A resident came in and gave me medication orally and vaginally. She said you will most likely feel something in the next hour and in three hours we will check your dilation. I was told if I felt pressure before then, to ring for the nurse. To me, taking the medication felt like having a forced abortion. I wanted this baby, so willing myself to take medication to get it out of me was emotional and scary. Hours went by and nothing. I was preparing myself that this may take a while. Right before they were to come in and give me more medication, (so about three hours later), I started to cramp. At first it wasn’t bad, nothing I couldn’t handle. It was quickly getting worse and although I could handle it, I remembered what many women who had went through this told me. Take the meds! Don’t make yourself go through anything unnecessary. I looked at Amy and said I wanted something for pain. So glad I asked, because in those ten minutes everything happened so fast. I was having full on contractions and I felt a pop. The doctor checked and informed me my water broke. All I could do was cry. Todd was there holding my hand the whole time and kissing my forehead. The nurse put some pain meds through my IV and this is where I became loopy and found out that pain meds make me completely inappropriate. I felt water come out in a rush. It’s a scary feeling to know your about to give birth to your baby five months too early. I didn’t want this to happen and part of your mind wants you to try and stop it. I was absolutely afraid to push. Without doing anything, I felt more water rush out of me, not knowing at the time it wasn’t water anymore, but a great deal of blood. The room started to spin and I got sweaty and felt like I was going to pass out. I figured it was the pain meds. I needed to focus on something else. I looked at Todd and asked him how he was doing. He looked worried, but answered, ‘fine’ and asked how I was. This is where the drugged me started talking. I said, ” you know, just over here rockin this miscarriage.” It was then I heard a lot of laughing and Amy letting me know I was her favorite patient. When I looked around the room it was then I realized every nurse on that hall appeared to be in my room. I heard them call my doctor over the loud speaker and thought to myself she was coming to deliver the baby. I mean, that’s what the doctor usually comes in for. Meanwhile, Amy was changing out my pad and every time I rolled over for her to put a new one under me, I felt more “water” pouring out of me. That’s what it felt like, water. There was a ten minute period where they could not keep the pad under me for more than two seconds. Than Dr. Hardas walked in and I saw what I thought was a concerned look. Dr. Hardas is a very sweet, soft spoken, petite woman, who also has this motherly nature about her. She had a way of delivering bad news where you were almost confused if she actually said what she said. I remember with Nash, my biggest fear being a c-section. She walked in after 28 hours of labor and with almost a childlike chuckle in her voice, but also a motherly tone. She said, “Shelly it’s time for a c-section.” Almost like, lets quit playing around honey. In my current situation, my biggest fear was surgery. I had never been put under for anything and I was anxious to say the least. She walked in and said we are taking her for a D&C. She than did an exam and I felt her pull the baby out. The nurses were working frantically and Amy looked at me and said, “Shelly the baby looks like a baby…would you like to see it?” She than put a blanket over my chest and laid the baby on top. Looking at the baby, so small it could fit in the palm of my hand, I was instantly brought to tears. The baby had arms, legs,a mouth, a nose, eyes, and feet. It was different than my feelings with Nash. With Nash, I was not just devastated for him. I was devastated for my loss. I was completely grief stricken and could barely breathe. I can barely put feelings into words. With this baby I couldn’t help but feel anything but bad for it. I felt badly I couldn’t carry it to term. I felt bad that my body failed it. I felt bad that it will never take one breath on this earth. They started taking pictures and the nurse asked Todd if he wanted to hold the baby and he quickly answered no. She then went on to explain he would never have this chance again. I stopped her right away. When Nash died it felt so good to hold him that all I wanted was for Todd to have that feeling. I practically forced him to hold Nash and it’s my one regret. It did not help him. It made it worse. He didn’t want to remember him that way. He didn’t want to hold him after he was gone. I told the nurse he has been through this and knows what he needs. It was then I felt the room start spinning again. I felt Amy strap on the blood pressure cuff and soon after I felt the head of my bed being put down and nurses talking in the background. I then heard Dr. Hardas say, “lets go now! Are they ready for us?!” Previously, working at a hospital is a blessing and a curse. I know the head of your bed being put down means low blood pressure. Although Amie was being very reassuring, I could here the whispering of others in the background. Words like a lot of blood, loss of consciousness.Todd kept switching wash cloths on and off my face and feeding me ice chips. I could no longer keep my eyes open. I heard Amy kneel down beside me. She had promised to be honest and she was. She said, “Shelly, we are concerned about the amount of blood you are losing. I’m going to put some medication in your IV to try and stop it.” She saw me start to panic and told me to take a deep breath in and let it out. She then commended Todd on being an amazing support person for me. I felt the urge to push, but at this point was afraid to. Dr. Hardas said, “if you think you can try.” She was doing an exam during and I saw her glove covered in blood and more “water” rush out of me. She said, “No. We are taking you to surgery.” I’m an anxious person. So, at this point I know they are worried about the bleeding, giving me drugs to stop it, and there seems to be an urgency to getting me to surgery. With my string of bad luck and my anxious mind, I was truly worried this was it. This is how I was going to go. I looked at Dr. Hardas who I trust whole heartedly and and said, “you look worrried.” She replied, “no”. I than said, “I’m nervous about surgery. Am I going to wake up?” She said, “yes” and I said “ok let’s go.”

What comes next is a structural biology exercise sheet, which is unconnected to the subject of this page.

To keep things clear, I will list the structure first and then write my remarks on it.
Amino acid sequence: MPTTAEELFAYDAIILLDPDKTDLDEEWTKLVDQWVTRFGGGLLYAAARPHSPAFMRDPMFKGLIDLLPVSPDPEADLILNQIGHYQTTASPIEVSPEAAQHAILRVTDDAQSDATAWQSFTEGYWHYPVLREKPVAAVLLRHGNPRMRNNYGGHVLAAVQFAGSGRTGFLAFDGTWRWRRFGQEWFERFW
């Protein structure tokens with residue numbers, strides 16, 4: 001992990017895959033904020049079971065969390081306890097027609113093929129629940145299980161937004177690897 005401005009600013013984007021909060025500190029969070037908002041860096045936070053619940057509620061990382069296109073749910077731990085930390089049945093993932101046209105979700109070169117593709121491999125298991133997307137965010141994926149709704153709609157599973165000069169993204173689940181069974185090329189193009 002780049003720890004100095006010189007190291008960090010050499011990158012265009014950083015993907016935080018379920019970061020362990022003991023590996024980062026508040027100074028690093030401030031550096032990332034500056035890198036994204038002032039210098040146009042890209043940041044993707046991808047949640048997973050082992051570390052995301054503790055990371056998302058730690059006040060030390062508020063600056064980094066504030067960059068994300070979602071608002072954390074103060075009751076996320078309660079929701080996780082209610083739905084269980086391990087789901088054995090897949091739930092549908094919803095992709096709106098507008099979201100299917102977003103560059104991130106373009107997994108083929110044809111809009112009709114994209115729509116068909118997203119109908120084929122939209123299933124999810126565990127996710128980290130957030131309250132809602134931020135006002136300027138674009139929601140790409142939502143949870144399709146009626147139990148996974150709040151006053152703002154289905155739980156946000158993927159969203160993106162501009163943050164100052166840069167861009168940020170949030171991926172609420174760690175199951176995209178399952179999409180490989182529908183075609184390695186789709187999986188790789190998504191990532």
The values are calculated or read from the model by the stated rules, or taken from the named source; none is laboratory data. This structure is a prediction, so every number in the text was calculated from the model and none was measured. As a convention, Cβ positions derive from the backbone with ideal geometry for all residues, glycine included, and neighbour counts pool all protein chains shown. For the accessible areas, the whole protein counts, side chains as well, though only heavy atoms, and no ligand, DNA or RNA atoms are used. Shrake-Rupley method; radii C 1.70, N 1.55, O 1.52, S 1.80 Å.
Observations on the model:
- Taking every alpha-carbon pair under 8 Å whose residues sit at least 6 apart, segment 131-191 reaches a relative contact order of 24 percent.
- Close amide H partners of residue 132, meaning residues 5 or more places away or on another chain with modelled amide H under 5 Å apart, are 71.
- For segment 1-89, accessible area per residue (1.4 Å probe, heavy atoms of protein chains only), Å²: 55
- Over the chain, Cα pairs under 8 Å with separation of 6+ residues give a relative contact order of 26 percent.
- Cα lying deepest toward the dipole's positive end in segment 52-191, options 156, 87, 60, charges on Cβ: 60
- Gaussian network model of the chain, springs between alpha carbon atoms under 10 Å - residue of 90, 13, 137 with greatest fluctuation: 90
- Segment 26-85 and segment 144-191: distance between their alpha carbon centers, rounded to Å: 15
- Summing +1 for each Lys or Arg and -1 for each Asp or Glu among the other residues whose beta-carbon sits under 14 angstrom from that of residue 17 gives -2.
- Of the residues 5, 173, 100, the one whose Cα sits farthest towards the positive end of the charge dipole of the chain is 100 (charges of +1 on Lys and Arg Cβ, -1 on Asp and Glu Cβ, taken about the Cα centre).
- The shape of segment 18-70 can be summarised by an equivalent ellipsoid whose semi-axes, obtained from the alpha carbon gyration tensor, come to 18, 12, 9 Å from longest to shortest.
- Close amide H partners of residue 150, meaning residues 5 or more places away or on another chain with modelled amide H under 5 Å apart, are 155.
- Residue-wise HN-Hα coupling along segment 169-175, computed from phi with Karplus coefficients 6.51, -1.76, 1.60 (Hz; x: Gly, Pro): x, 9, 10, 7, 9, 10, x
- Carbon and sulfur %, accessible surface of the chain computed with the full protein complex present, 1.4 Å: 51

I was confused becasue I was told the blood was more of a concern once the baby was out and you deliver the placenta. Dr hardas said that is correct but you have bled so much before that point we can’t risk it. Before I knew it I was being wheeled down the hall and to the surgery center. The anesthesiologist said I’m sorry today is not going as planned. I said, ” with everything that has happened today, you actually scare me the most.” I could tell the nurses and doctors were more calm now that I was almost in surgery. At this point I was feeling pain, the urge to push and fighting to stay awake. I felt todd kiss my forehead and tell me goodbye and I didn’t even have the energy to reply. I felt them move me to the bed and I felt one arm being strapped down and a nurse putting an oxygen mask on me. The anesthesiologist whispered in my ear, your about to fall aslee….that was that. I woke up three hours later so ecstatic to be alive I started yelling, “margaritas for everybody!”